5. Listen more than you talk. World class companies fine-tune their messages to customers and integrate what is on their fans’ minds into their brand stories. Nearly twice as many world class brands have changed a product or service based on fan recommendations compared to the average global brand.
  6. Count what matters — meaningful engagement. World class brands place more weight than other brands on their number of contributors when measuring social media effectiveness. Social contributors are ranked #1 by world class companies but #6 by other companies as a key metric.
  7. Think global. Executives managing world class brands consider global reach as important as customer service as a driver of corporate reputation while the average global executive ranks global reach last. “Our social branding goals involve a very firm commitment to increase the recognition of the company’s globalization.”— Global Executive.
  8. Go outside to get inside. World class companies are nearly twice as likely as average global companies to engage outside support to enhance and measure their brand’s social performance.
  9. Be vigilant. To protect their social brand integrity, world class brands are always on high alert. Compared to the average global company, they are 85% more vigilant since Wikileaks has been in the news and are 58% more likely to be concerned about privacy violations.

 

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7 Tips for Social Media Marketing from DELL

social media dellIn a recent interview with Clickz, Rishi Dave, executive director of online marketing for Dell’s Public and Large Enterprise Business Unit talk about some of Dell’s success online including B2B social media marketing outreach.

His global responsibility is to implement public and large enterprise marketing strategies for Dell.com, social media, communities, and Dell’s Premier portal, discussed seven of the main tenets (philosophies, goals, attributes) of Dell’s social media approach:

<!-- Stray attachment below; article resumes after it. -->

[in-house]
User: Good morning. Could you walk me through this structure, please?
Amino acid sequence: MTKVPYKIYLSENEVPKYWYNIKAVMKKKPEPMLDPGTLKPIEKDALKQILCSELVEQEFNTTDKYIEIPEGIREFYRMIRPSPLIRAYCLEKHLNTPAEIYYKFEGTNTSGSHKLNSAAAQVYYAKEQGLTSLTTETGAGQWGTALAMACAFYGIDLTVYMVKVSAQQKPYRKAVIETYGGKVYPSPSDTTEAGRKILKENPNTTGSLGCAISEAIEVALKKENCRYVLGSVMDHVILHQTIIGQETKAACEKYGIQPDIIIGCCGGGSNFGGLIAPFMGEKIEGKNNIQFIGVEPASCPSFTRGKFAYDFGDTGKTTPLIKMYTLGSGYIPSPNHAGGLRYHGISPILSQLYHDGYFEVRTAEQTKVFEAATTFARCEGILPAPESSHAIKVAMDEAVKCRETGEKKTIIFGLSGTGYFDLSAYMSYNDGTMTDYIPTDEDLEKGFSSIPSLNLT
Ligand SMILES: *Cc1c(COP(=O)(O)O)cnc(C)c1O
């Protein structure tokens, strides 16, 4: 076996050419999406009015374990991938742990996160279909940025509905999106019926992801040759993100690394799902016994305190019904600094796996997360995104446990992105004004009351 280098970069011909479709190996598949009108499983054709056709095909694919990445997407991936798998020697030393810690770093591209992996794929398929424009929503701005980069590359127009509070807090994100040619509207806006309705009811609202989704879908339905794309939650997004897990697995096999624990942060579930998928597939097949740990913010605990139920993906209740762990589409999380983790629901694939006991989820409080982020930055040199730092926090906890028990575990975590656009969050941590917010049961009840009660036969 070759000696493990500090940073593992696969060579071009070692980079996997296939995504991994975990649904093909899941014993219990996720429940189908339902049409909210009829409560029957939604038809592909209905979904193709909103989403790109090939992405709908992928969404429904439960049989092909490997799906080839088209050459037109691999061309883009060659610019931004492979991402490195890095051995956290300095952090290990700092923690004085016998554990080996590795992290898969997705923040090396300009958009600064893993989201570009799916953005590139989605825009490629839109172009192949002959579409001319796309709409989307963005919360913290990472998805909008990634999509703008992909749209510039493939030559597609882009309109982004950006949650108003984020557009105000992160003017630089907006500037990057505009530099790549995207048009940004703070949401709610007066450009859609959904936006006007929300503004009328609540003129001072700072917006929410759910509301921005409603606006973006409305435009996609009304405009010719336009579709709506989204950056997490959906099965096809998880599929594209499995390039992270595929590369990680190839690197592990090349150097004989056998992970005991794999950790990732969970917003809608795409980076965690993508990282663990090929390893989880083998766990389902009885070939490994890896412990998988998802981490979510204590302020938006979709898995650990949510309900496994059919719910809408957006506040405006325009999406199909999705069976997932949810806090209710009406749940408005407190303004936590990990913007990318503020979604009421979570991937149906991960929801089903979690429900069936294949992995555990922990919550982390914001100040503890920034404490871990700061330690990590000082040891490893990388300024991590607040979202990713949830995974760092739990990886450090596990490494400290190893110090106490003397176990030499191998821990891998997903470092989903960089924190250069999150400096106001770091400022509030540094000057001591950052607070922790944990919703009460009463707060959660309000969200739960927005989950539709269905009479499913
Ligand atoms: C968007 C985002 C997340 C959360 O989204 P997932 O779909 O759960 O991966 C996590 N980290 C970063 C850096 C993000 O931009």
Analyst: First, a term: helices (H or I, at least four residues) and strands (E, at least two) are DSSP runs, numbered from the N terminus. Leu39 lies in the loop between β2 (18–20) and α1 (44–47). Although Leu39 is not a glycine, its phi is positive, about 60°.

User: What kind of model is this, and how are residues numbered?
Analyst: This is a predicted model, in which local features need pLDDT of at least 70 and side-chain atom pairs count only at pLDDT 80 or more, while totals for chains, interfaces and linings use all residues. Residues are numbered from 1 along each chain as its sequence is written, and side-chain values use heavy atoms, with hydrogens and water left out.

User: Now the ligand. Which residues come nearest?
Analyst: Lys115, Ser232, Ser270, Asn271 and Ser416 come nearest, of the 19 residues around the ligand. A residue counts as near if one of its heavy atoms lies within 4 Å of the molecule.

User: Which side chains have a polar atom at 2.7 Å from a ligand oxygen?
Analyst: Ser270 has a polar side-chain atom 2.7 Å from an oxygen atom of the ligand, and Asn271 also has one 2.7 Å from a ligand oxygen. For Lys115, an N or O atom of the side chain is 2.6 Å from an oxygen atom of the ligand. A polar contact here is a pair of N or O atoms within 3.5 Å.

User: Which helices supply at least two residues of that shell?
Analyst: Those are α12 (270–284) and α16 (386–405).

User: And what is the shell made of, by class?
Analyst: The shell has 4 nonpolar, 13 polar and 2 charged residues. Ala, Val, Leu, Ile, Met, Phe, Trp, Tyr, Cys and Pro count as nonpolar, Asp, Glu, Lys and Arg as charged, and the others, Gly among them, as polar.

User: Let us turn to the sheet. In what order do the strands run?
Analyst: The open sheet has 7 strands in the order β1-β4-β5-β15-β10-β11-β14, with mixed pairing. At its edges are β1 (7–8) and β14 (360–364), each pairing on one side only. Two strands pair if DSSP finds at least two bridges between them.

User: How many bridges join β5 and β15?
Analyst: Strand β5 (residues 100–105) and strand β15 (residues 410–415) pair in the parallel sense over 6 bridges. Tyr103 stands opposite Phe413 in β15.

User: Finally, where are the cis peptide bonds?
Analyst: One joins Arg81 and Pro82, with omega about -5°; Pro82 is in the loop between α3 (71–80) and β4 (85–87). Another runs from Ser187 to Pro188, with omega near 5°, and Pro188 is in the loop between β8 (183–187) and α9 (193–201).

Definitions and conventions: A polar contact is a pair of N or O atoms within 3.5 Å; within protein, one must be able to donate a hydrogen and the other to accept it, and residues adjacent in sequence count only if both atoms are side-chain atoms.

1. Start with your goals and strategies overall.
  2. Develop a content strategy to support your goals.
  3. Identify and listen to existing conversations.
  4. Empower and encourage your internal organizations to participate.
  5. Create and cultivate conversations and communities where your customers and employees are.
  6. Incent participants to create, and share great content.
  7. Measure your success and adjust your strategy.

Much of Rishi’s insight is universal and of course can be applied to any social media marketing effort. If you want to hear more from Rishi you can follow him on Twitter @rishiatdell.

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Social Media Age Demographics for Facebook and Twitter

In researching how different age groups interact online, this well designed infographic explains user demographics for two of the world’s most popular social networks: Twitter and Facebook.

social media age demographics chart

Who Uses the Social Web?

- Most online interaction takes place on the social web (Facebook, Twitter, LinkedIn etc.) Here’s the age distribution across the social web:

0 – 17 : 15%
18 – 24 : 9%
25 – 34 : 18%
35 – 44 : 25%
45 – 54 : 19%
55 – 64 : 10%
65+ : 3%

Millennials: The Future of the Internet:

- Millennials, born between 1978 and 1994 (currently ages 16 – 32), were the first generation to be “raised” on the Internet and represent a substantial portion of Internet users. The millennial age cohort is expected to be as large, if not larger than the baby boomer generation.

How are Millennials Using the Internet?

75% – Created a social networking profile
62% – Used wireless Internet away from home
20% – Posted video online of themselves
14% – Use Twitter

23 Minutes – The average time millennials spend online each day.
59% of millennials get their news online.

Average Age of Social Network Users

  • The Average Social Network User is 37 Years old.
  • The Average LinkedIn User is 44 Years old.
  • The Average Twitter User is 39 Years old.
  • The Average Facebook User is 38 Years old.
  • The Average Bebo User is 28 Years old.

Facebook User Breakdown by Age:

13 – 17 : 11%
18 – 25 : 29%
26 – 34 : 23%
35 – 44 : 18%
45 – 54 : 12%
55+ : 7%

Age-Based Behavior on Facebook:

  • Teens has twice as many friends than users aged 30-40.
  • Teens make almost 3x as many wall posts as users aged 30-40.
  • Users in their early 20′s list the most activities in their profile of any group.
  • Younger people express more negative emotions, and swear more than older users. They use more personal pronouns and possessives (“I”, “My” etc.) and talk more about school.
  • Older people write longer updates, use more prepositions and articles, and talk more about other people, including their families.
  • Users aged 27 and 28 have the most uploaded photos, with an average of 510.